Oppose or support SB721? That's the dilemma for everyone in the community association industry. What are the opposition arguments? Inspection costs? The expense is amortized over six years. Unnecessary regulation? California law already imposes liability for injury and damage arising out of foreseeable risks, and that includes decay and dry rot to structural components that could be determined by reasonable inspection. SB 721 protects an association from liability by allowing its directors to get in front of the issues by learning of hidden decay that caused the Berkely tragedy. It also defines a process, which, if followed, would support the defense that the community manager and the Directors used due diligence in maintaining the property.

When was the last time critical components were professionally inspected for life-safety issues? The reserve study required by Civil Code Section 5550 only requires a review of those components that are visible and accessible. It does not require structural safety evaluations. If it is already being done by an appropriate expert, this legislation adds little. What other arguments are there? For us, with what we know, the benefits outweigh the negatives. We continue to support the safety and financial health of our clients, and we welcome your comments and suggestions so that together with other industry leaders we can help frame legislation that is sensible and protects community associations and their members.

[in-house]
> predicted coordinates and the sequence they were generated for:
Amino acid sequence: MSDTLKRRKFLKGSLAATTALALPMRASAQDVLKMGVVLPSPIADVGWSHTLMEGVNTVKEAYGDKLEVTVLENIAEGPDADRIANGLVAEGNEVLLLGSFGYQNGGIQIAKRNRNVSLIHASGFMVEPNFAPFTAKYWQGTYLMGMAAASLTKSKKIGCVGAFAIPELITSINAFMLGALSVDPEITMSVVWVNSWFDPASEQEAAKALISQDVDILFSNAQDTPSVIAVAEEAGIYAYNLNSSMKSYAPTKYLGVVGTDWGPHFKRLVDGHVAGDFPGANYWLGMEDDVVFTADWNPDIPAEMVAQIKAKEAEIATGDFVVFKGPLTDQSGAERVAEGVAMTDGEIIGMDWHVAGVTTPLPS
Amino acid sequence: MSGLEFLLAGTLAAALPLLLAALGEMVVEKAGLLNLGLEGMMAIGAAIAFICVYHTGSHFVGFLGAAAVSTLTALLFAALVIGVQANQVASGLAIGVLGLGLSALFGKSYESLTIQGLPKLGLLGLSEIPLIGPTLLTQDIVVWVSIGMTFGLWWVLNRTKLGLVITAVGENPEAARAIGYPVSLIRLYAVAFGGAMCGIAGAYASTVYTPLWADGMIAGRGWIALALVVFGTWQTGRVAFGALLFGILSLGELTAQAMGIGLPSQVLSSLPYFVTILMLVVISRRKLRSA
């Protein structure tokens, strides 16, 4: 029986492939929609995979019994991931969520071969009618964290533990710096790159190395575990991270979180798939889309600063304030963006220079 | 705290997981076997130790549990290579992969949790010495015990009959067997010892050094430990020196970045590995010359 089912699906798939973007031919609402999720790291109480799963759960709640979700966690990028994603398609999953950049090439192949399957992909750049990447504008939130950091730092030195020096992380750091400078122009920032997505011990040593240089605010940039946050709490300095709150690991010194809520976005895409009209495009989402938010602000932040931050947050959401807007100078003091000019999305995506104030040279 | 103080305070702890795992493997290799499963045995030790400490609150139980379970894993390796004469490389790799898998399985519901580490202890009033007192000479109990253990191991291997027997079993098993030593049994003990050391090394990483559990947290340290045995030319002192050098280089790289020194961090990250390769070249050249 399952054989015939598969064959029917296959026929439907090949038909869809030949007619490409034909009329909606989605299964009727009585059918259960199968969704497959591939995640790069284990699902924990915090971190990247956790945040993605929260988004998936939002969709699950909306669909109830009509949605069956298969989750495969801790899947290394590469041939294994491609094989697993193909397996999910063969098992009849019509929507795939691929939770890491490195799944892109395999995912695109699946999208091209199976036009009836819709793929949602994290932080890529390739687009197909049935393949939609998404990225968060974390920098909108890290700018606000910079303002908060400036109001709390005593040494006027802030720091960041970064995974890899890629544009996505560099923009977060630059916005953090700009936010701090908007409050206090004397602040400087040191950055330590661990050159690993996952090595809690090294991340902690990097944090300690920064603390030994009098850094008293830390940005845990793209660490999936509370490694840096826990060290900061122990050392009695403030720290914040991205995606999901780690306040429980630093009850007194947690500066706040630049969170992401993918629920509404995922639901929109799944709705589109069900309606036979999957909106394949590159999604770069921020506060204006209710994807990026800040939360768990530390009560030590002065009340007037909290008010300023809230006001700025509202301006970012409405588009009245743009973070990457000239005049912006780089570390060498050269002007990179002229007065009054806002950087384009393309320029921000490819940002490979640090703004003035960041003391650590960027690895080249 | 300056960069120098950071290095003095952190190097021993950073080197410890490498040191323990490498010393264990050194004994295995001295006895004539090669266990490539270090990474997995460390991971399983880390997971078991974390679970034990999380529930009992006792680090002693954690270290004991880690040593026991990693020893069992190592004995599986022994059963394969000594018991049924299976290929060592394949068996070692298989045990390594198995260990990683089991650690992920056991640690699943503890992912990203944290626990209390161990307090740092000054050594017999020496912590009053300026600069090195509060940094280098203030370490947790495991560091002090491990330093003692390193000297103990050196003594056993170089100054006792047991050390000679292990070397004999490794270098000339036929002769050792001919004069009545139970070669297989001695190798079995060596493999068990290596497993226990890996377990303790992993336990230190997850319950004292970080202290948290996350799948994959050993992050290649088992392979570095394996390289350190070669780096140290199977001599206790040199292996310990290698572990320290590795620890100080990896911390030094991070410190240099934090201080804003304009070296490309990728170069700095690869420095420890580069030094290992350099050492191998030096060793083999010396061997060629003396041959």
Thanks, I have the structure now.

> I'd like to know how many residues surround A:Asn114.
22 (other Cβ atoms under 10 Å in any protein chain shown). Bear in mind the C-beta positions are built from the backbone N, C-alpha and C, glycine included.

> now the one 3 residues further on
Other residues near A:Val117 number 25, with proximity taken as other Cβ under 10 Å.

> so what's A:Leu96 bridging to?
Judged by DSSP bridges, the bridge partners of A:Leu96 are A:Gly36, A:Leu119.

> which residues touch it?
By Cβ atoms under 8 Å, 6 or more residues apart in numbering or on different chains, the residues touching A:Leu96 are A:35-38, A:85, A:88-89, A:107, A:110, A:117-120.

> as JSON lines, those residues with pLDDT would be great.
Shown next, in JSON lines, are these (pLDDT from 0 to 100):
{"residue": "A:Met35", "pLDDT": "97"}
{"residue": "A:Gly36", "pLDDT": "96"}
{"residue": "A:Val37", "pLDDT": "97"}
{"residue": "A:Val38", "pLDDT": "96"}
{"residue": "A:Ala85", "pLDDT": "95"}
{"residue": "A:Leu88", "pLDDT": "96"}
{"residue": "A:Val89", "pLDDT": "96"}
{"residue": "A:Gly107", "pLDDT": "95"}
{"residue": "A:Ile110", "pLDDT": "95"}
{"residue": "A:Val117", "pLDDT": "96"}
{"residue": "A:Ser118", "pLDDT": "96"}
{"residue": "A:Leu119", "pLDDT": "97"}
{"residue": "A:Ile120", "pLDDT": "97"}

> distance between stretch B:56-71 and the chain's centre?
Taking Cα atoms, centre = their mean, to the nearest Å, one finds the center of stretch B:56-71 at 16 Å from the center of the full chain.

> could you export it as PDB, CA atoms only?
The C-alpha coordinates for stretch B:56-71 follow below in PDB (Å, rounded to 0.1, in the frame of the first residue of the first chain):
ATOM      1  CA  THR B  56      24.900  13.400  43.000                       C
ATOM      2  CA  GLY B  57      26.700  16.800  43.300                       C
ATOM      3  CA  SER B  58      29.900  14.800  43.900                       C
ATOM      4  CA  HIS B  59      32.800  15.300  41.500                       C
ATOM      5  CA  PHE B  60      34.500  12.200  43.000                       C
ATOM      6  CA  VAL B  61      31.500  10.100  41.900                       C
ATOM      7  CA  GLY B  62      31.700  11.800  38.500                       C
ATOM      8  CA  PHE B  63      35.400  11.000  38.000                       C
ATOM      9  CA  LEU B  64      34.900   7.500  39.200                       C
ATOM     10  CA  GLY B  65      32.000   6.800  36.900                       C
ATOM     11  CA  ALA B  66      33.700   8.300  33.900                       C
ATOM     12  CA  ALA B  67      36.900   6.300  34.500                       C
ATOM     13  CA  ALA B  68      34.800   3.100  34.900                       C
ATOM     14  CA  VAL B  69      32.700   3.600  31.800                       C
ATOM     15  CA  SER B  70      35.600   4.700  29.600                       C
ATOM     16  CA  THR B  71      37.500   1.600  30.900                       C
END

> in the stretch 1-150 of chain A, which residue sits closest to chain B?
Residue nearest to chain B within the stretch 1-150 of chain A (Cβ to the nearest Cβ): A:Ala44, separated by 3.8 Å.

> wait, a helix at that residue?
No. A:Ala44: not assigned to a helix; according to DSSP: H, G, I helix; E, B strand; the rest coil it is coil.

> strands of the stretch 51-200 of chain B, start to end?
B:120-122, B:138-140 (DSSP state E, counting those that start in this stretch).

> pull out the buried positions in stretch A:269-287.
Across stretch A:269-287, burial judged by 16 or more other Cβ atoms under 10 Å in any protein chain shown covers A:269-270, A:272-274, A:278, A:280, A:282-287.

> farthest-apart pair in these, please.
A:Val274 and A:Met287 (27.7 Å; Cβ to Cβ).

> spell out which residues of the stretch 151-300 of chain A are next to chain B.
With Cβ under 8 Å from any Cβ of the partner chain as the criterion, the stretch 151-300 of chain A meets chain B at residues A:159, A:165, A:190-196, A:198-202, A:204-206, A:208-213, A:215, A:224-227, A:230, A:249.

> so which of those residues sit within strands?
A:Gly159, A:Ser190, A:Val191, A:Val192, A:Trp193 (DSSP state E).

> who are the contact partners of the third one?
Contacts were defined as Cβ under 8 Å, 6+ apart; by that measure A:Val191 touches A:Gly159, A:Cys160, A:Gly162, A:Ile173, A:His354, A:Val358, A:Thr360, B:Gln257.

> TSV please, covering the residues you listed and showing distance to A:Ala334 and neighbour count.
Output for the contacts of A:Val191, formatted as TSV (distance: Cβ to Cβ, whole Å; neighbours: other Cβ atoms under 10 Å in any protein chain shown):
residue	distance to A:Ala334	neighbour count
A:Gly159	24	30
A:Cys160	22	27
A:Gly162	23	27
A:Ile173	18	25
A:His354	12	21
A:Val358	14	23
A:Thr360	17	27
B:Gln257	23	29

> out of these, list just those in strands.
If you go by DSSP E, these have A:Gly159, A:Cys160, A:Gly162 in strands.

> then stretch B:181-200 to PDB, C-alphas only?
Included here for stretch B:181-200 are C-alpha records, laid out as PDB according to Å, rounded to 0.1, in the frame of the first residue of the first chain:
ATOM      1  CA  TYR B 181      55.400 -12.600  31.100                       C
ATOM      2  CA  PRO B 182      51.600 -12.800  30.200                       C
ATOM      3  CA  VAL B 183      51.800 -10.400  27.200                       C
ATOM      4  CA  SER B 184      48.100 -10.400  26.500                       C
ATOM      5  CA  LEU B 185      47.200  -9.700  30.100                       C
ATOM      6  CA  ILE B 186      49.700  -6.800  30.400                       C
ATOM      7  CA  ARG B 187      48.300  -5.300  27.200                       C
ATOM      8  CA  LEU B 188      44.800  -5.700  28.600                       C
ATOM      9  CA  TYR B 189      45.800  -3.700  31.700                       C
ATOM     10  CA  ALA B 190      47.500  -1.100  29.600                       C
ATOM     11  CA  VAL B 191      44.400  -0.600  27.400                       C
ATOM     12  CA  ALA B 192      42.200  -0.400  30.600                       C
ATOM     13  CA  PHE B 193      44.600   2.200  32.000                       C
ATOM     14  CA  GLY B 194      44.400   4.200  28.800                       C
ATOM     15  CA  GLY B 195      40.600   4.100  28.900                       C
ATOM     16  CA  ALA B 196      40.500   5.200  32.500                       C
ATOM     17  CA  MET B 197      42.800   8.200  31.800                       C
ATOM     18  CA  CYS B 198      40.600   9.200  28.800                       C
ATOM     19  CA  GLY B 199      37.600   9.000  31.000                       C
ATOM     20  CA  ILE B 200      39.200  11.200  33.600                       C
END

1. Structural Maintenance and Inspection. All exterior elevated wood and metal decks, balconies, landings, stairway systems, guardrails, handrails, or any parts thereof in weather exposed areas of Group R-1 and R-2 Occupancies, as defined in the most recent edition of the California Building Code, shall be inspected within six months of adoption of this section, and every three years thereafter, by a licensed general contractor, structural pest control licensee, licensed architect, or licensed engineer, verifying that the elements are in general safe condition, adequate working order, and free from hazardous dry rot, fungus, deterioration, decay, or improper alteration. Property owners shall provide proof of compliance with this section by submitting an affidavit form provided by the City. The affidavit shall be signed by the responsible inspecting party and submitted to the Housing Code Enforcement Office. For the purpose of this section, elevated “weather-exposed areas” mean those areas which are not interior building areas and are located more than 30 inches above adjacent grade.